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Mar. 10, 2015 - Updated 04:16 UTC

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Gourmet Reporter

Ayuko Okano

Mar. 23, 2016

An American food journalist is helping to boost Osaka's appeal by reporting on its local cuisine.

Steve Dolinsky has reported on everything food-related for more than two decades, online and on TV and radio, from more than 15 countries.

Officials in Osaka invited him to explore, and to help spread the word about the city's unique food culture.

Japan has been experiencing a surge in tourism, and saw a record number of foreign visitors last year -- almost 20 million. Tokyo and Kyoto are the most popular cities.

But Osaka is another spot that's attracting travelers. It's only 15 minutes by bullet train from Kyoto. Osaka's tourist office is hoping to attract more visitors from Europe and the United States by promoting its local cuisine, which is quite different from Tokyo and Kyoto.

During Dolinsky's visit, he spends time in Kuromon Market, also known as "Osaka's kitchen," to try some local specialties and share the experience with his audience.

"It's like butter. It is so soft, tender, rich, fatty, just delicate -- beautiful," he says after tasting some "maguro," or fatty tuna sashimi.

Dolinsky wants to get to the heart of Japanese cuisine through the "dashi" soup stock that serves as the base of many traditional dishes.

Dashi, often made with dried kelp and bonito fish, provides a savory taste called "umami."

Dolinsky visits a long-established kelp store, and asks questions about how Osaka has developed its unique food culture.

"Are there different types of dashi, different types of ingredients?" he asks.

"In Tokyo they don't use a lot of 'konbu' kelp. In Osaka we use it a lot. The taste of Osaka is konbu," a staff member replies.

Osaka enjoys a long history as a center for commerce. Many foods from across Japan are distributed through the city, including top-quality konbu kelp from the country's north.

Making dashi is a simple process. The kelp is first soaked in cold water then simmered as a hot broth. The flavor develops quickly.

"Amazing! Amazing how much that changed in 15 minutes," Dolinsky says.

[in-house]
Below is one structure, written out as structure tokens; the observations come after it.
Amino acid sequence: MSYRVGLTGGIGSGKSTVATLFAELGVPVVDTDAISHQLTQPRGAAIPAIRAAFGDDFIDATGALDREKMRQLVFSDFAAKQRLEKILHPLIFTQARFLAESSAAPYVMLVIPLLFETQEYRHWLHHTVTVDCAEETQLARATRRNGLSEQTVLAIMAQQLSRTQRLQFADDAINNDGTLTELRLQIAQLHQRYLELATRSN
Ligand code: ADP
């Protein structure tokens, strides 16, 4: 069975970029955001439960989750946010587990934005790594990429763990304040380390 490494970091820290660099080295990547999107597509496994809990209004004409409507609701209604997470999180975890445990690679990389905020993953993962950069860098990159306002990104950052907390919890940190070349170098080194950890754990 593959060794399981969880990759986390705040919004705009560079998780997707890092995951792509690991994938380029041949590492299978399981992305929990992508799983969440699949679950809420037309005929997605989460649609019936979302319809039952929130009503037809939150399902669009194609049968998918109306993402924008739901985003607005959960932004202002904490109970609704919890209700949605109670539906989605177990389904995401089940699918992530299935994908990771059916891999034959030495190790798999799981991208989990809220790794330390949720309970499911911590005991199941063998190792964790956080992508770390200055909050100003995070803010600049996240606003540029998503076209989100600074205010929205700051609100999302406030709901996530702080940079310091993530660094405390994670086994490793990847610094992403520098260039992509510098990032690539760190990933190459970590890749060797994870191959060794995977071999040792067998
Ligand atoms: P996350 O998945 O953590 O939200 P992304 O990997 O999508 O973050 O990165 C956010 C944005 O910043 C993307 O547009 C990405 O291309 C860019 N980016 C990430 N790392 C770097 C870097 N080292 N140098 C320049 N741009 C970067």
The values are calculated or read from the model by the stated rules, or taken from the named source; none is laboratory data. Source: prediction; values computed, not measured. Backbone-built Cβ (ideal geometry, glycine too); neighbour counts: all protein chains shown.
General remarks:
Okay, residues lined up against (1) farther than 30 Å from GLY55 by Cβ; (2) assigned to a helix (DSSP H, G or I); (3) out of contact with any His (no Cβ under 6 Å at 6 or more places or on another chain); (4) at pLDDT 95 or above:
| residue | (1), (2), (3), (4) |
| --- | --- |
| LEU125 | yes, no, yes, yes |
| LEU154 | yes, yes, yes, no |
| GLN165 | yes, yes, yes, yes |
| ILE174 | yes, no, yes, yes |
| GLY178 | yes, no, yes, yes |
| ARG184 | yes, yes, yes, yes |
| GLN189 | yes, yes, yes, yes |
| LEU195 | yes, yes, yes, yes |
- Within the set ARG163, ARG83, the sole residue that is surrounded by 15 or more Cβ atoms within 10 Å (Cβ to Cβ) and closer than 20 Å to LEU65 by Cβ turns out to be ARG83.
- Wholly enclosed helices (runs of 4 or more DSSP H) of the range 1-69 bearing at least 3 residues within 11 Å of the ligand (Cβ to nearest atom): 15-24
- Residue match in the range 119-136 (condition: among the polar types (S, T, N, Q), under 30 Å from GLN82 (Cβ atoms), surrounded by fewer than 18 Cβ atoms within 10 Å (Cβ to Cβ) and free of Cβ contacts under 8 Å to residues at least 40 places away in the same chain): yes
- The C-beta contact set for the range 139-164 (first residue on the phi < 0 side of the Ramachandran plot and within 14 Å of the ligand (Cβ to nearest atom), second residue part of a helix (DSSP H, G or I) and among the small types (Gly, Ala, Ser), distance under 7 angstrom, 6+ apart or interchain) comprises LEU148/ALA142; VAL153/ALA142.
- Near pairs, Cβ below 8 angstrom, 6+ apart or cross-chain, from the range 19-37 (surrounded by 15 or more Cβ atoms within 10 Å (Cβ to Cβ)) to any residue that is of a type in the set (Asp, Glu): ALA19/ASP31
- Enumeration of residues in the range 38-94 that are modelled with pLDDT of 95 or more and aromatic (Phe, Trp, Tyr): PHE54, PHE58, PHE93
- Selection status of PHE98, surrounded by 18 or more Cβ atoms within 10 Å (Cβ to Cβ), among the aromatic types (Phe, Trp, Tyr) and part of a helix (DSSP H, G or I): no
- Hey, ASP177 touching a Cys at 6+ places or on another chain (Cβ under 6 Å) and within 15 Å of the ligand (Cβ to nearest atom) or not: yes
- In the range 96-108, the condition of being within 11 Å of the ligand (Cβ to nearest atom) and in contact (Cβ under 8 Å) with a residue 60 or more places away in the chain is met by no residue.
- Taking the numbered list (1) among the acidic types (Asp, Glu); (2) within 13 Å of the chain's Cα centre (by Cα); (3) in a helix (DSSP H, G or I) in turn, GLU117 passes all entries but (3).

Small pieces of dried bonito are added to the pot.

"Now it completely fills your mouth. It takes over all your senses and you feel it over your tongue and it actually connects to somewhere in the back of your head too," Dolinsky says.

Next stop is a popular restaurant that serves "okonomiyaki," a type of savory pancake stuffed with a variety of ingredients. It's an Osaka staple.

The owner and chef is known to be extremely particular about the type of dashi he uses.

"What makes this okonomiyaki shop different from the other shops?" Dolinsky asks him

"We use a lot of kelp. That's what we do here in Osaka," the chef replies.

"Interesting, because you've got beef in there, which is savory, and then you've got the batter made with 'katsuobushi' and 'konbu dashi,'" Dolinsky says.

The owner is happy to answer questions while he cooks. Dolinsky discovers that casual conversation across the counter is another feature of eating out in Osaka.

"Are you getting tired of okonomiyaki?" Dolinsky asks him.

"No. I never get bored. I often eat okonomiyaki. The taste has changed over the past 18 years," the chef replies.

The following day, Dolinsky moves upmarket. He chooses an establishment that offers "Kappo-ryori" cuisine, a type of fine dining.

Cooks there use fresh, seasonal ingredients, laying them out carefully on serving dishes.

Dolinsky loves to try new flavors and tastes. And he shares his Osaka highlights with radio listeners back in the United States.

"What is 'kappo' up to, is it on the rise?" a radio anchor asks him.

"That's the whole point of kappo, is that you're having this interactive experience. You are able to talk to chefs and ask them questions. Really point, and look at ingredients. If folks have questions they can get them answered right away," Dolinsky says.

"You can come here, not spend very much money, but eat like a king. If I want comfortable, approachable, friendly, sort of 24/7 eating, I come to Osaka," he says.

"Arigato gozaimasu, or as they say here in Osaka, ookini!"


NHK World's Ayuko Okano joined anchors Aki Shibuya and Sho Beppu in the studio.

Shibuya: It was Steve's first time in Osaka. He was enthusiastic about his visit, wasn't he?

Okano: Yes. After returning to the US, he wasted no time uploading his findings on the Internet. In an article, he discusses a Japanese snack called "Takoyaki." I was born and raised near Osaka, and for me, the key to Takoyaki's deliciousness is the sauce. But what surprised me is that Steve wrote that he liked the taste of the "dashi" soup stock used in the dough of Takoyaki. It was interesting to discover that people notice different flavors in food. This could be the key to attracting more foreign tourists.

Beppu: How do Osaka officials, how are they trying to attract more foreigners, particularly Westerners?

Okano: Officials say Western tourists stay for longer periods than those from Asia. They hope the abundant varieties of food in Osaka will keep long-term visitors coming back. Also in Osaka, people are generally more outgoing and frank than those in Tokyo or Kyoto. Officials believe this point will be attractive to Western tourists seeking interaction with locals. Here's what an Osaka tourism official had to say.

"Japanese cuisine has its roots here in Osaka. We hope to actively promote what foreigners find fun, delicious and interesting by inviting bloggers or the media to visit."
Hiroshi Mizohata, Osaka Convention & Tourism Bureau chief

Osaka has been described as a city of "Ku-ida-ore." It's a phrase meaning to eat yourself to ruin. Officials at the bureau hope to promote this culture to overseas tourists, especially those from the West.